Last week, a ProPublica investigation including a national review of hundreds of police records showed local law enforcement is closing reports of sexual abuse at immigrant children’s shelters with little investigation. This week, one Arizona publication’s records review found that a sheriff’s office tasked with investigating cases of child abuse closed them after only reviewing security camera footage, further illustrating the pervasiveness of this nationwide problem.
According to the Arizona Mirror, the Maricopa County Sheriff’s Office closed three cases of child abuse reported at the Hacienda Del Sol children’s shelter ran by Southwest Key in Youngtown, Arizona, after only reviewing security camera footage and without interviewing the Southwest Key employees allegedly involved nor the minors reported to have been abused. A spokesman for the sheriff’s office, which was previously ran by President Donald Trump-pardoned Joe Arpaio from 1993 to 2017, didn’t respond to the Mirror’s inquiry as to why it didn’t conduct interviews in any of the cases.
The publication reported Wednesday that in two of the three incidents, which all occurred in September, the sheriff’s office decided not to investigate further after reviewing security footage “because the deputies didn’t observe any criminal acts.” In these two cases, an employee allegedly “dragged a 7-year-old girl” to her bed by her leg, and in another incident, a different employee “grabbed a minor who was blocking the door of a classroom by the arm and pulled the minor away.”
In the third case, a Maricopa County deputy reported that the footage showed a male employee, identified as Michael Royce, “pushing a boy, bear-hugging him from behind, kicking him in the leg and hitting his body.” The boy involved in the incident also “hit Royce in the groin with a ball and spit at him.”
Despite the review of abuse, Southwest Key staff didn’t want the sheriff’s office to interview the boy or the employee that reported the incident to shelter security. Shelter security also told the sheriff’s office that it “did not want to press charges” and that the incident and disciplinary actions would be “handled by the facilities (sic) director,” according to the deputy’s report.
However, the Mirror reports that employees of a company being investigated for potential child abuse shouldn’t have been left to make the call whether to press charges:
The decision to press charges should be made by prosecutors, not employees of the company being investigated for potential child abuse, said Heidi Zoyhofski, an attorney for abused and neglected children who reviewed the reports at the Mirror’s request.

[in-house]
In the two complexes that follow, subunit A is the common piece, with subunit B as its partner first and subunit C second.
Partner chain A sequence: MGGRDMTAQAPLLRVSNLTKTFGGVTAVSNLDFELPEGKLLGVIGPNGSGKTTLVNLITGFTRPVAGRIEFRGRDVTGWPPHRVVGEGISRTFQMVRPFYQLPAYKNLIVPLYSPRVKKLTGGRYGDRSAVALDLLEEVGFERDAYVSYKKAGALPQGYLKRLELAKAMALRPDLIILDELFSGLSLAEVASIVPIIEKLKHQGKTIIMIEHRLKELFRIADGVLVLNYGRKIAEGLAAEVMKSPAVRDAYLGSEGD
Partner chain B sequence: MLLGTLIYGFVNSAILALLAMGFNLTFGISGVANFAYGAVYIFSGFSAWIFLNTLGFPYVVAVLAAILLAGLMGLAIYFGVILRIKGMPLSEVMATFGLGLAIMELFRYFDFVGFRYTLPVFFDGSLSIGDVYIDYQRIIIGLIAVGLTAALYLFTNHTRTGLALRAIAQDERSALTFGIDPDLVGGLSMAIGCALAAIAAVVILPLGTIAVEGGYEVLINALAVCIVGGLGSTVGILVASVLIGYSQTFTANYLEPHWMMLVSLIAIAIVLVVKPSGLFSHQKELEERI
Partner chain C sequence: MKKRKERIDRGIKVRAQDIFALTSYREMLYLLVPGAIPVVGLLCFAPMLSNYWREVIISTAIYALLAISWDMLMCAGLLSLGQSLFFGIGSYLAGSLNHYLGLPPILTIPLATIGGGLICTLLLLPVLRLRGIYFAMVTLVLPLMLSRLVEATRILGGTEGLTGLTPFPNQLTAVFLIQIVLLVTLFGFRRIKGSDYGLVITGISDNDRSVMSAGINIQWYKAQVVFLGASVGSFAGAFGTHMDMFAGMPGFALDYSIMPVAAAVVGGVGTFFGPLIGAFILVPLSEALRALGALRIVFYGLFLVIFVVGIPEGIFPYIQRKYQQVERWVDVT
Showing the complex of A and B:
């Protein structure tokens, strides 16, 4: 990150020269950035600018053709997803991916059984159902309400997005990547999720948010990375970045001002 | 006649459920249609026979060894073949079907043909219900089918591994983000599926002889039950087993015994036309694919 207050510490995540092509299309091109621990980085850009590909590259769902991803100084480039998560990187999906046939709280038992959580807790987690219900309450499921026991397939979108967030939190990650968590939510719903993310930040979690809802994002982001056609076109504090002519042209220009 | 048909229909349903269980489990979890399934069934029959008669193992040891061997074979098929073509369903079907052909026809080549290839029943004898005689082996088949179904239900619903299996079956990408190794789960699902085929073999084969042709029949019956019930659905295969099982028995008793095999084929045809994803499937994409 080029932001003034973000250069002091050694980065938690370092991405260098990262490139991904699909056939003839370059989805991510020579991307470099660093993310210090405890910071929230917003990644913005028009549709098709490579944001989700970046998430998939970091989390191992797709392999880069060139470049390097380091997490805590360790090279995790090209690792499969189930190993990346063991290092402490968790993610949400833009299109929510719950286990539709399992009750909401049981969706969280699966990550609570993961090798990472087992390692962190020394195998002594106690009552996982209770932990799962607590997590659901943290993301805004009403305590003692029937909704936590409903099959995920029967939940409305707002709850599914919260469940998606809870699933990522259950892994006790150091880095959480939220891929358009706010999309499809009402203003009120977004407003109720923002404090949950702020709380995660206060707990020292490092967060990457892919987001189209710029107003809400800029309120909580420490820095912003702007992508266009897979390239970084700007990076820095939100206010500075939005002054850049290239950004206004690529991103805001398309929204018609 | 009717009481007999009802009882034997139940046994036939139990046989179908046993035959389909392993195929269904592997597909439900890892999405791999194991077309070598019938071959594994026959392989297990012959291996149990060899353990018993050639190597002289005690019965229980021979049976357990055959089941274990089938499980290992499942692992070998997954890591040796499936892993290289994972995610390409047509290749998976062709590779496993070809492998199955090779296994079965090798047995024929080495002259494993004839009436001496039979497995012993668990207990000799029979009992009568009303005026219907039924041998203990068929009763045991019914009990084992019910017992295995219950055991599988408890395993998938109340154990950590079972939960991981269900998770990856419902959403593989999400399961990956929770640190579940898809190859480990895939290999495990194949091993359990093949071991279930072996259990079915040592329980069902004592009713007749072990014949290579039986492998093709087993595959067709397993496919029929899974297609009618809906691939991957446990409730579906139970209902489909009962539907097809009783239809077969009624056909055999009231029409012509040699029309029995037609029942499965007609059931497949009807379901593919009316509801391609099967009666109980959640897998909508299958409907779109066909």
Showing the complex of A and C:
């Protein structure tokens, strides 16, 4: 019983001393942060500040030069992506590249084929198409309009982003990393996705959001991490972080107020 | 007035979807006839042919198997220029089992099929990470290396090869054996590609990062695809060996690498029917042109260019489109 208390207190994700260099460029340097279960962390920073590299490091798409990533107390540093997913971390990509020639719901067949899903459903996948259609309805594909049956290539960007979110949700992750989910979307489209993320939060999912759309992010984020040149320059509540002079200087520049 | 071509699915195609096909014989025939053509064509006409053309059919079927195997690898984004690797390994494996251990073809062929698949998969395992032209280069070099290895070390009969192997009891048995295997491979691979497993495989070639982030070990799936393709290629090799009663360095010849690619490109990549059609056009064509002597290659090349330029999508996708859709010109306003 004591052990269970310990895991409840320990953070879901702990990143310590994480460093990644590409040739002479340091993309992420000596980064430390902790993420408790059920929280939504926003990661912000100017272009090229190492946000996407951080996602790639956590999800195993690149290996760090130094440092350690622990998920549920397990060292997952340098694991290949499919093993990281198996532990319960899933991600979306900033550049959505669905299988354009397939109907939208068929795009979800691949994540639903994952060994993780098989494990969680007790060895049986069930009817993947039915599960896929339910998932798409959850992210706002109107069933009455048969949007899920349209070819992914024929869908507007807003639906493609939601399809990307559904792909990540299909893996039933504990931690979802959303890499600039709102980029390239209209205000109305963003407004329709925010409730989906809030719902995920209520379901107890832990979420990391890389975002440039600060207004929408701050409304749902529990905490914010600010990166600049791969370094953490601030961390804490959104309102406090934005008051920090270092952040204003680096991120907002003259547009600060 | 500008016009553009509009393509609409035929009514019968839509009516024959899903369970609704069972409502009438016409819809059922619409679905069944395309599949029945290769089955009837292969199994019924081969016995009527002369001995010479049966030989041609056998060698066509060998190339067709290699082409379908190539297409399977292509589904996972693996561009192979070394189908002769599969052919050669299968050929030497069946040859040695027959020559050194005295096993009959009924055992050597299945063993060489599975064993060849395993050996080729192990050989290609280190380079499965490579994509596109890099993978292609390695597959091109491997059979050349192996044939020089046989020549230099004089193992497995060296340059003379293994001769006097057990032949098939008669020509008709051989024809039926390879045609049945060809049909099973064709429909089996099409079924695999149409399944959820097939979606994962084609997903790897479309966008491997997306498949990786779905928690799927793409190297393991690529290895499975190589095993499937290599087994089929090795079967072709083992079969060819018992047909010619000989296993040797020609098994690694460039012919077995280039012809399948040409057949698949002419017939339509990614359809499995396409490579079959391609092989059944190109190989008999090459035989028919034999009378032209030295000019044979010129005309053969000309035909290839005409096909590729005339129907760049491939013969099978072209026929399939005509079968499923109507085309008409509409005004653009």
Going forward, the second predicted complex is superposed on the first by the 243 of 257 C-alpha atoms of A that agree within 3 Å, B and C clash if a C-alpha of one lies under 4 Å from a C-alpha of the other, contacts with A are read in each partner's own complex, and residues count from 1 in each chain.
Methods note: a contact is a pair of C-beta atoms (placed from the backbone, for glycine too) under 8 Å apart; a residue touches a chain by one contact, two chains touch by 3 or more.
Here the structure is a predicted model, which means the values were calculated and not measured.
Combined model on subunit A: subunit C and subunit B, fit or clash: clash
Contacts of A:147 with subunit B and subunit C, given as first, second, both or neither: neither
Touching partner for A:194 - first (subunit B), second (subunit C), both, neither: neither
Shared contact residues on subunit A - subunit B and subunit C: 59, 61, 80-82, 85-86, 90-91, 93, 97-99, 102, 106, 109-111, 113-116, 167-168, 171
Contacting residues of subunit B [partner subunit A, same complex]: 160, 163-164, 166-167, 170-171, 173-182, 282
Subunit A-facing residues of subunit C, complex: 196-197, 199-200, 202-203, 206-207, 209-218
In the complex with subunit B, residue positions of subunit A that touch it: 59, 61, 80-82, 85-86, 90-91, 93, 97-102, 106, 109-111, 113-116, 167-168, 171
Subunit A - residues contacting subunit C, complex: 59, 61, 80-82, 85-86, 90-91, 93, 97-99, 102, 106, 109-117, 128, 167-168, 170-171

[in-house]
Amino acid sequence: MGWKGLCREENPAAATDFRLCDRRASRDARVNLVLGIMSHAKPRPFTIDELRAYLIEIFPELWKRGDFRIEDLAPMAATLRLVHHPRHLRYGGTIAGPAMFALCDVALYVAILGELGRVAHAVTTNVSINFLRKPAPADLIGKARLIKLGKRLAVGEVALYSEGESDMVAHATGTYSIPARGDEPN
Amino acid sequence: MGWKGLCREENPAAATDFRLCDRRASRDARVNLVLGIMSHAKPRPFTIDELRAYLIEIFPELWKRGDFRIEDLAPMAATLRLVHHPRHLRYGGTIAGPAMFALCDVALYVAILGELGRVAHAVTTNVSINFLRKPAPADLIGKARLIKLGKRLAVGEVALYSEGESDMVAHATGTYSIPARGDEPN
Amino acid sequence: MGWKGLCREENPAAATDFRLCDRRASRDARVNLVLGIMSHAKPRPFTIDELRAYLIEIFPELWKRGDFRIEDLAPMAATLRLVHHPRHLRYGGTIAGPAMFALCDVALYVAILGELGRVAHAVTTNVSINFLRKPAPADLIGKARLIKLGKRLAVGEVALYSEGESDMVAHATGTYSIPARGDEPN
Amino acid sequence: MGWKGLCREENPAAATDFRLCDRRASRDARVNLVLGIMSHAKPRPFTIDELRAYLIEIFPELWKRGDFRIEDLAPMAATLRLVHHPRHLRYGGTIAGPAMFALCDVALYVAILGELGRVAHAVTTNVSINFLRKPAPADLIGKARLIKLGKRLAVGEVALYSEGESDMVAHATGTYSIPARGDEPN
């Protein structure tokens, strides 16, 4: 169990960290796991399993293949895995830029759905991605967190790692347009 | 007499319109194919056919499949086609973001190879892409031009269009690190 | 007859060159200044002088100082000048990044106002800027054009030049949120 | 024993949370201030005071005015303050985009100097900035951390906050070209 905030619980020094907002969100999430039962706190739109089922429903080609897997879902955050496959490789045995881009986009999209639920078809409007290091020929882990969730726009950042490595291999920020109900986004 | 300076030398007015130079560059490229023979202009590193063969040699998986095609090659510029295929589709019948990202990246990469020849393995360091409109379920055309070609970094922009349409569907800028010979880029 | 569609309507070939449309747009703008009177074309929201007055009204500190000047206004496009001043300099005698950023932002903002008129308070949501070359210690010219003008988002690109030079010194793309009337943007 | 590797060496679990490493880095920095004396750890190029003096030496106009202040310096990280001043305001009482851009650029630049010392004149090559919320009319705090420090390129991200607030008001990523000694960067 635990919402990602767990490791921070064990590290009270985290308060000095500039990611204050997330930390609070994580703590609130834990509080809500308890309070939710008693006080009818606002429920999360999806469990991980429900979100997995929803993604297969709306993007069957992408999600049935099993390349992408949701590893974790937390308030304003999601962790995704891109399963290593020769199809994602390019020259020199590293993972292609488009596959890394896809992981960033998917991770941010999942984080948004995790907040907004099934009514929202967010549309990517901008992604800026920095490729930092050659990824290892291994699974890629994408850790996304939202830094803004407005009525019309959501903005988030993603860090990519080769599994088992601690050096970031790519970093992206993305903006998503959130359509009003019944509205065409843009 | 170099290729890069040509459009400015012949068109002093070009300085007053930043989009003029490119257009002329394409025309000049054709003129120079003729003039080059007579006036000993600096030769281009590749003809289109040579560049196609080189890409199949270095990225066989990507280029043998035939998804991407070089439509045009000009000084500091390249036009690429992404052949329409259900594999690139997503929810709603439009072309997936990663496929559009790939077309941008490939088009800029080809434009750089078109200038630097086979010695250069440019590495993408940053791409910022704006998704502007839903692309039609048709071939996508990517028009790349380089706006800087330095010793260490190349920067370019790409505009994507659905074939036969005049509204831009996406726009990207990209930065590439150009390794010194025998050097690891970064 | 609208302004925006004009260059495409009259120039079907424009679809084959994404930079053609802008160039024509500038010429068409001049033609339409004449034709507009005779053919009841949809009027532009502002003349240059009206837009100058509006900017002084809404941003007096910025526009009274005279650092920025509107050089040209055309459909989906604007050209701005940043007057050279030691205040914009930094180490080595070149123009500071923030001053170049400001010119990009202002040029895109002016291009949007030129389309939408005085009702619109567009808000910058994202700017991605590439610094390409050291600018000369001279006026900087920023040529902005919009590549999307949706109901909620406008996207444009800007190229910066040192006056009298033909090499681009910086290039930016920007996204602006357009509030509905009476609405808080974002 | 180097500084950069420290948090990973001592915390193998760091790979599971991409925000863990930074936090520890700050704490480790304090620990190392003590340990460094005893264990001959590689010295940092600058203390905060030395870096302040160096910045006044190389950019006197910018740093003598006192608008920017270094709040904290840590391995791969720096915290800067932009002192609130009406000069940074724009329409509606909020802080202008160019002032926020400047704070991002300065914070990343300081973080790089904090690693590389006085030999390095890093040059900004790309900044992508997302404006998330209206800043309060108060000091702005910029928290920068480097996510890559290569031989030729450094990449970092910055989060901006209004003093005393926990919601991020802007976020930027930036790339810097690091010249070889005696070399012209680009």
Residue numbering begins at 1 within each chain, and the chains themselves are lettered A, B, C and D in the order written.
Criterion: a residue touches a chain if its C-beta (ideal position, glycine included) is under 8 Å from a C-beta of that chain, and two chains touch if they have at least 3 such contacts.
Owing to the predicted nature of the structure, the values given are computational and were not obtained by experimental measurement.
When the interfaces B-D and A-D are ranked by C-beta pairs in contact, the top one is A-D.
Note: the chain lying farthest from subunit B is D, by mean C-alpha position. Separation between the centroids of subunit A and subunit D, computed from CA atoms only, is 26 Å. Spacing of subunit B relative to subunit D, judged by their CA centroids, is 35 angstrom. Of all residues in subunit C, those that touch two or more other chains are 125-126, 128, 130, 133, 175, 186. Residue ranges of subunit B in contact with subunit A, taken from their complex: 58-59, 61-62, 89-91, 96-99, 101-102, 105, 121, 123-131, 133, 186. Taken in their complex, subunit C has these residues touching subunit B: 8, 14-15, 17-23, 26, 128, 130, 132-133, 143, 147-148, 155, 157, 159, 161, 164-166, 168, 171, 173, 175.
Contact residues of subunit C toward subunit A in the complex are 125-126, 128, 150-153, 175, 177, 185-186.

She said children in government custody are especially vulnerable, and best practices in Arizona are to conduct a physical or medical exam and a forensic interview of the child, collect evidence such as photographs, and submit the case to a state prosecutor.
“In my mind, the state needs to be sure it goes above and beyond and that any claims are investigated to the fullest and in compliance with the law,” Zoyhofski said.
Southwest Key spokesman Jeff Eller told the publication that the employee who was recorded kicking a boy’s leg on security footage “did not act in line with our policies and procedures and was terminated.” (We’ve reached out to Southwest Key asking if they’re re-evaluating their policies in light of the allegations, and will update with any response we receive.)
Two of the incidents occurred on Sept. 14, while the third incident occurred on Sept. 21, according to the sheriff’s office records. On Sept. 18, the U.S. Department of Health and Human Services, which oversees the placement of migrant children in shelters and with sponsors, stopped placing children in the Hacienda Del Sol facility before shutting down the facility 10 days later. In October, HHS said in a statement that the Southwest Key employees involved in the three incidents reviewed by the Mirror had been fired from the facility.
On Oct. 24, Southwest Key surrendered two of its 13 child shelter licenses in Arizona through a settlement with the Arizona Department of Health Services, one of those shelter licenses being Hacienda Del Sol, after failing to provide evidence of current and adequate background checks for employees.
This may be one facility ran by the nation’s largest contractor of child shelters being held accountable, but seeing as even local law enforcement failed to fully investigate reported incidents of child abuse, this is only just the beginning.
Update, 1/2/19, 12:11 p.m. ET: On New Year’s Eve, Southwest Key spokesman Jeff Eller sent Splinter a statement the organization had originally used in October when Hacienda Del Sol was initially shut down.
“We wholeheartedly welcomed the Office of Refugee Resettlement’s decision to suspend operations at Hacienda Del Sol and are working to thoroughly retrain our staff,” the statement read. “We are simultaneously engaging the Child Welfare Consulting Partnership to do an independent, top-to-bottom review of our processes, procedures, hiring and training in our Arizona shelters.”